Puerto Rico Wins Approval of $18 Billion Bond Restructuring
By Andrew Scurria
Puerto Rico won court approval Monday for a restructuring deal that wipes out one-third of its $18 billion in sales-tax bond debt, a milestone in its quest to fix its broken finances.
U.S. District Judge Laura Taylor Swain confirmed a debt adjustment plan covering the revenue bonds known as Cofinas, marking the largest renegotiation yet of the U.S. territory's bond and pension obligations.
The write-downs imposed on the Cofina bonds, first issued as rescue financing in 2007, will save the island government $17 billion in interest and principal payments over the coming decades as it tries to reverse a decade of economic decline and out-migration.
Creditors holding more than $14.5 billion in Cofina debt supported the accord, which resolves one of the thorniest conflicts in Puerto Rico's unprecedented, court-supervised bankruptcy.
The settlement is tied to a negotiated split of the sales taxes pledged to Cofina that releases 46% of the money back to the island's government -- providing $456 million a year on average that otherwise was earmarked for bondholders.
Judge Swain acknowledged that the settlement "commits substantial portions of Puerto Rico's scarce revenues to bond payments over a period of decades," while also slashing claims from bondholders, including individual investors who bought Cofina securities for their retirement.
But she concluded the adjustment plan "is essential to ensure that Puerto Rico is on a path that will restore its access to financial markets as it builds a stronger economy."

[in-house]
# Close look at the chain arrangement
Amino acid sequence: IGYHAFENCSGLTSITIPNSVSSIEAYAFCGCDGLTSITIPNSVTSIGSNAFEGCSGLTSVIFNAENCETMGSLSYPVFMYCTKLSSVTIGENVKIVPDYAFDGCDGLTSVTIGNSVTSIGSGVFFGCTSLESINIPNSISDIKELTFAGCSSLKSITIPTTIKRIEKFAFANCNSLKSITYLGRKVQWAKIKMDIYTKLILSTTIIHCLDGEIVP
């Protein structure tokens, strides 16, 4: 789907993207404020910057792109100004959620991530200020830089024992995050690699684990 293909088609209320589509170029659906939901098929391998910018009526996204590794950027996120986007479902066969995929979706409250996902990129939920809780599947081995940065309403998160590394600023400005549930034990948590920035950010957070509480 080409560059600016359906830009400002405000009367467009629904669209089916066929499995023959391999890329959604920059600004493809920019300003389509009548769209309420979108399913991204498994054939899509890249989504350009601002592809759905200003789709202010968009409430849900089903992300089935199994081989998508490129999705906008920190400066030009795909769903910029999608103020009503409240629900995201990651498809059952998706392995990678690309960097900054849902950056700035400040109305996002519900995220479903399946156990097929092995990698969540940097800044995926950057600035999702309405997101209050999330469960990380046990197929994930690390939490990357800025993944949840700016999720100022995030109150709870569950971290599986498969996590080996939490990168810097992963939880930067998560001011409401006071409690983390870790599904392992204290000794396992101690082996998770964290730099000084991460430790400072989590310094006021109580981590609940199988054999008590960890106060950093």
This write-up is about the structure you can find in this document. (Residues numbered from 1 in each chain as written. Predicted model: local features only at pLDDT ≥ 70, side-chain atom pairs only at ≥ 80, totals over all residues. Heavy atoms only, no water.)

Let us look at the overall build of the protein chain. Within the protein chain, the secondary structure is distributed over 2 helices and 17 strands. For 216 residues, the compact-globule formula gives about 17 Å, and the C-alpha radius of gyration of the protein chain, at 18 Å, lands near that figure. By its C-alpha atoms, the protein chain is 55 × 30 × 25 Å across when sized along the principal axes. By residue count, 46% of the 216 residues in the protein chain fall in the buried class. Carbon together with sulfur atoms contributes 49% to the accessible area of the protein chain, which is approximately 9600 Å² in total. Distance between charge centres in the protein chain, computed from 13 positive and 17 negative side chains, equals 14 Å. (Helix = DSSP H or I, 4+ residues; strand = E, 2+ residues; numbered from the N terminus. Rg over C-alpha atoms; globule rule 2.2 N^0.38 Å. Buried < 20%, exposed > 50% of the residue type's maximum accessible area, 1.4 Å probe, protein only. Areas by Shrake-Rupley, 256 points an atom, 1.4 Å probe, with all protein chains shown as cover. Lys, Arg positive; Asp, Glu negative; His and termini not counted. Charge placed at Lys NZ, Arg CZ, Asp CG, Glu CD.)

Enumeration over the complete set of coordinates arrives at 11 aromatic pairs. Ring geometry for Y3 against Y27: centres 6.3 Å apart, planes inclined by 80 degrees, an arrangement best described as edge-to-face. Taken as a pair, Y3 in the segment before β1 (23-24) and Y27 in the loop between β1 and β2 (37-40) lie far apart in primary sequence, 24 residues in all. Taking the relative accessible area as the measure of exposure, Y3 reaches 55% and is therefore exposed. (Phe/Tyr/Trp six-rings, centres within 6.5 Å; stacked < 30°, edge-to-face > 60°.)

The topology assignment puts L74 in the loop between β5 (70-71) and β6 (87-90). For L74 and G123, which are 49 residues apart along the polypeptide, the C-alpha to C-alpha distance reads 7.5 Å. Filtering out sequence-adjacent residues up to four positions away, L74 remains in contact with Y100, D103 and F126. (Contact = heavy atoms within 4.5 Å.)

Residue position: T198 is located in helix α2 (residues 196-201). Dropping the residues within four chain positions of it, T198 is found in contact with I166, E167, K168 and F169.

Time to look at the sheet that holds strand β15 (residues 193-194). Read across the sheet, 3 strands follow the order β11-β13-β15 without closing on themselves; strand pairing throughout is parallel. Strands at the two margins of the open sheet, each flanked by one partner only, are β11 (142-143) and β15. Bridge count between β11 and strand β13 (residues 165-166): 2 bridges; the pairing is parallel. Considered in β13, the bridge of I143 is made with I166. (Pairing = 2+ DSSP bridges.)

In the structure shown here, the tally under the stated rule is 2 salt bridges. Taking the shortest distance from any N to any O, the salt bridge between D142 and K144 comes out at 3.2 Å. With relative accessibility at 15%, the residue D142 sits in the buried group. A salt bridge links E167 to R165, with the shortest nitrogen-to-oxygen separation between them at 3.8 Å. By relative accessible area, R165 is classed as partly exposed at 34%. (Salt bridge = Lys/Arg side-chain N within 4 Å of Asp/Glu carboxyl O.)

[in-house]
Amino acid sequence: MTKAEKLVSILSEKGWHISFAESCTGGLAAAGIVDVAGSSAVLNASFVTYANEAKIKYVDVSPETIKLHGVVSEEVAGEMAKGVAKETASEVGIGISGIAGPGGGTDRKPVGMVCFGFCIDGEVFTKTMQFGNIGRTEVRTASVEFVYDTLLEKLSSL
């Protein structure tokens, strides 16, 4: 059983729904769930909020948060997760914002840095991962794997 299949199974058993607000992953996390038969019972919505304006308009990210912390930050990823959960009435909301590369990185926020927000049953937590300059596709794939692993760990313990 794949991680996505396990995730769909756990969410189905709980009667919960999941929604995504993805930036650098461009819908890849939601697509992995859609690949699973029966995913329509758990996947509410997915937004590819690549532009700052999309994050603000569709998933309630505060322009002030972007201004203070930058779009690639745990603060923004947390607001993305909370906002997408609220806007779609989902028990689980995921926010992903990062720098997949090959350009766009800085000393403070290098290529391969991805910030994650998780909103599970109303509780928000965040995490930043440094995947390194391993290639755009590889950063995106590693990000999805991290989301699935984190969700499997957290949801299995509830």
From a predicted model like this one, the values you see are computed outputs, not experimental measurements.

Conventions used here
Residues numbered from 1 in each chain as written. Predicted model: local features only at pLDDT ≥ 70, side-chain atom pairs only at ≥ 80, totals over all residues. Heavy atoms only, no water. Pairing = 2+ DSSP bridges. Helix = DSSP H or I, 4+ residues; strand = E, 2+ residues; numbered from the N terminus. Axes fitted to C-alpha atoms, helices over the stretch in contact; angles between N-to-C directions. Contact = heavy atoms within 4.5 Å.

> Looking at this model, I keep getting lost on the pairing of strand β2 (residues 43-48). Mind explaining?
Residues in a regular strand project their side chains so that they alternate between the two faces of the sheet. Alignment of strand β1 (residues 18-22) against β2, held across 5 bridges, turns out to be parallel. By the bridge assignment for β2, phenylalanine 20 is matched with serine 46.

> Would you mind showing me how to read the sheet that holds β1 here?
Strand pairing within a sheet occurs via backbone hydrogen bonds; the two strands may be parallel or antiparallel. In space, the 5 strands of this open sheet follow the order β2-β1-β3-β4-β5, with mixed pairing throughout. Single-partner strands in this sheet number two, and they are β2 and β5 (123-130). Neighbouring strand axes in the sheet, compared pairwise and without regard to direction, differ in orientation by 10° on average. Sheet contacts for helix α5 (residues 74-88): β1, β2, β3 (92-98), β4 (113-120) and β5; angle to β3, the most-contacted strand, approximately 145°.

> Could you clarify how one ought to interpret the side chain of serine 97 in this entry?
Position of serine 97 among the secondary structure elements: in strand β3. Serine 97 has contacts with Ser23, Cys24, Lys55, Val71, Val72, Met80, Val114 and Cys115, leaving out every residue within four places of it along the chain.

The settlement marks the first adjustment plan approved under the quasi-bankruptcy process created by Congress under a 2016 rescue law that also installed an oversight board to manage Puerto Rico's spending and pilot the debt-restructuring process.
The oversight board was able to wring savings from Cofina's bondholders in part because of lingering doubts about the strength of their claims on sales-tax revenue. Critics of the Cofina structure have long insisted that sales taxes never should have been transferred out of the government's control, and other creditors holding Puerto Rico general obligations said they, not Cofina bondholders, had an ironclad claim on the revenue.
First issued in 2007, the Cofina bonds were backed by sales taxes that provided investors a secure source of repayment and lowered Puerto Rico's financing costs after the municipal bond market lost confidence in the U.S. territory as a borrower.
The Cofina bonds quickly became a go-to financing source that made up roughly 40% of Puerto Rico's core government obligations when it entered bankruptcy protection in 2017.
Doubts about who owned the sales taxes -- the government or Cofina's bondholders -- have clouded Puerto Rico's bankruptcy since it entered court protection in 2017. Forcing Judge Swain to decide the issue could have wiped out Cofina's bondholders completely -- or guaranteed them a 100% recovery if the pledge was upheld.
The Cofina plan instead relinquishes more than 46% of the pledged sales taxes, supplying cash to correct the government's budget imbalance and ameliorate politically unpopular austerity measures.
Write to Andrew Scurria at Andrew.Scurria@wsj.com